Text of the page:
A New Compound Makes Waves for Oil Spill Clean Up

Phase-Selective Organo-WHAT? Scientists are studying complex chemicals called Phase-Selective Organogelators (or PSOGs) to better understand their ability to clean up oil spills. These chemicals create a gel when added, in small quantities, to crude oil. The use of these chemicals could be a game changer when it comes to remediating marine oil spills. It would facilitate the way these disasters are handled, shortening the time it’s left affecting the organisms that live and interact in marine ecosystems

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Into the Brains of Mosquitoes – Finding out how they find us

It’s all fun and games outdoors until mosquitoes crash the party. Female mosquitoes need protein-rich human blood for energy to produce eggs. While an itchy bump follows most bites, some can transfer harmful viruses, like Zika and dengue. Mosquitoes are experts at finding human hosts, and now scientists have discovered how. Mosquito brains may give insights into new strategies to control mosquitoes and the diseases they carry.

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Bridging the gap: Earthworms bring scientists and farmers together to improve soil health

Scientists and farmers have more in common than many people realize, including a desire to improve the health of our soils. By partnering together to study earthworms in farm fields, scientists and farmers are discovering how different agricultural practices impact soil health. Read on to learn more about how earthworms help bridge the gap between scientific research, farm management, and soil health!

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Urban Gardens Provide Stable Nectar Supply for Pollinators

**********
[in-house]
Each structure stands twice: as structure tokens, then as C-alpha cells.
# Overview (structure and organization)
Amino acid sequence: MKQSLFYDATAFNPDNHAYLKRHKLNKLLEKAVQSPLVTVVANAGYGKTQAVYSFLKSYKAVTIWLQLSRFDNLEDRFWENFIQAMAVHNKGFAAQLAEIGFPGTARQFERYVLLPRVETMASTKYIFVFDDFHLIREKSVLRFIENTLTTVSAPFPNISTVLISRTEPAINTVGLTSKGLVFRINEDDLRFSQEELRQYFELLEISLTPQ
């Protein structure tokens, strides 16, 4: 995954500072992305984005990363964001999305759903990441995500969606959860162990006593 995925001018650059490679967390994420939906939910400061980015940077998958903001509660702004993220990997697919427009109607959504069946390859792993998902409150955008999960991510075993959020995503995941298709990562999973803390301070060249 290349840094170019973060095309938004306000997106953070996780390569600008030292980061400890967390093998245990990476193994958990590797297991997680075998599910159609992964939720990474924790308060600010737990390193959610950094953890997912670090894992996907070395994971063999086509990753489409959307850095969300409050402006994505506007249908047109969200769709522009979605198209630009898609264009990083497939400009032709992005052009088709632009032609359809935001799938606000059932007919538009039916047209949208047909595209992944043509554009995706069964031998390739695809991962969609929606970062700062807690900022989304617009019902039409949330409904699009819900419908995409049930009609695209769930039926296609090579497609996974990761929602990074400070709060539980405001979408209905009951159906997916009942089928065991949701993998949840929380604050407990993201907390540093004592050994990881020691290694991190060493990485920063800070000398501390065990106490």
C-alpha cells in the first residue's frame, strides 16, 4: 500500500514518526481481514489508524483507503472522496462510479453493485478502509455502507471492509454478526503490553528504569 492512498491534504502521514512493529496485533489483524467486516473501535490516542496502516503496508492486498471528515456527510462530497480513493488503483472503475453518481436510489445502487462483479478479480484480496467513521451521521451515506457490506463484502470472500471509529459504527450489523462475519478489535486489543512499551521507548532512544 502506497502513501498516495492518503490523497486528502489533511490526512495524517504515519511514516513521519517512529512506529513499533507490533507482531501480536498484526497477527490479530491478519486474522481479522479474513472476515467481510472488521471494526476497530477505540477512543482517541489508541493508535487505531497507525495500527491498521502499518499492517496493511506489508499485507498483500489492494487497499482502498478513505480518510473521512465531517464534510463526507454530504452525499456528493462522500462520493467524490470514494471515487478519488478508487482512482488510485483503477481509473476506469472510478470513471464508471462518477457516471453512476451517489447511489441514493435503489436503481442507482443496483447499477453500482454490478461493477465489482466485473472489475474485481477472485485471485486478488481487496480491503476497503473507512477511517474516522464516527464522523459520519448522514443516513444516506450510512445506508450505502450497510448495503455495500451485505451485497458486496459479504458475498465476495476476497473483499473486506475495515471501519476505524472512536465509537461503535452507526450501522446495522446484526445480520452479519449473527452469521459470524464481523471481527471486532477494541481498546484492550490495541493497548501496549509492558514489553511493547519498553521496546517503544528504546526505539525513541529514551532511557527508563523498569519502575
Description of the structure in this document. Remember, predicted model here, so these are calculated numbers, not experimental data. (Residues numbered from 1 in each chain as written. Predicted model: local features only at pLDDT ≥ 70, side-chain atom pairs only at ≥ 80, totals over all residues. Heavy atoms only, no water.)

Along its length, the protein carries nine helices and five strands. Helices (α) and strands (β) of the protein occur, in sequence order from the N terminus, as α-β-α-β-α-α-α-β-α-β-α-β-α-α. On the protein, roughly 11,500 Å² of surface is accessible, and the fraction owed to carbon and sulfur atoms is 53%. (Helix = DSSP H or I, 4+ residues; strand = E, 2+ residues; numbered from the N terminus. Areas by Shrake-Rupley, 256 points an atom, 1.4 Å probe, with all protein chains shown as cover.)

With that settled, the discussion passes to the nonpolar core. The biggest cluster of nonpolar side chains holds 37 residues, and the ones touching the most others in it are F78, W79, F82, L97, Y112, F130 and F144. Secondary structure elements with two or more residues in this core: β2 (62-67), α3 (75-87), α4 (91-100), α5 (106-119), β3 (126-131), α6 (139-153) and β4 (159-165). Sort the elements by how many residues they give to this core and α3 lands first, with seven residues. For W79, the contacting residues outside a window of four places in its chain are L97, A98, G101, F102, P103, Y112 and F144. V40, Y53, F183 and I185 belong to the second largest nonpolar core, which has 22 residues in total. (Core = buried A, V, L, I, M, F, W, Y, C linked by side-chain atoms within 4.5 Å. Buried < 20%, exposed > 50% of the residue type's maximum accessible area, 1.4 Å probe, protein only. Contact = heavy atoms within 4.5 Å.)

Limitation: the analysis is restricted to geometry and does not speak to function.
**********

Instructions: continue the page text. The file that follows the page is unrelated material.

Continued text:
Insect pollinators are in trouble, and many plants on farms or in the wild need them to be able to grow fruits and reproduce. With so much at stake for plants around the world, and the humans who depend on them, how can we stop the decline of insect pollinator populations? Urban gardens may have a role to play in supporting pollinators, especially if we plant flowers that provide a stable supply of nectar, their most important food.

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Matriarch Madness: Mechanism of Social Parasitism and Colony Takeover in Ants

Carpenter ants play an important role in an ecosystem; they break down wood into smaller pieces that will ultimately become part of the soil. But a parasitic ant can rapidly take over and destroy a colony by simply disguising herself through chemical means.

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Fire and Animal Behavior: How Forest Fires are Mediating Predator-Prey Interactions

Fires, both from intentional and unintentional sources, have been altering our ecosystems for as long as history has been recorded, yet little is known about how these occurrences affect animal behavior, especially concerning predator-prey interactions. Countless factors, including the extent of the fire and the adaptability of both predator and prey to these new conditions affect the behavior and survivability of both predator and prey. In the end, change is inevitable, but if we improve our understanding of how fires influence animal behavior, we can then help rehabilitate affected populations in more effective and efficient ways.

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Las Ranas Congeladas Ayudan a Entender Cómo Conservar Órganos Humanos Para Trasplante

Los órganos humanos para trasplante son escasos y difíciles de mantener con vida. Se han utilizado métodos para prolongar su vida, pero aun así solo se llega a satisfacer el 10% de la necesidad mundial de trasplantes al año. Existen especies de ranas que son capaces de sobrevivir el invierno utilizando mecanismos no convencionales. ¿Y si en los mecanismos de estas ranas encontramos una manera de preservar la viabilidad de los órganos humanos para trasplante por mas tiempo?

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How Citizen Science Led to The Discovery of Tree-Dwelling Toads

Two groups of citizen scientists in the UK discovered something previously unknown to science– toads living in trees. Read on to learn about how citizen science and collaborations with scientists can lead to more interesting questions and discoveries.

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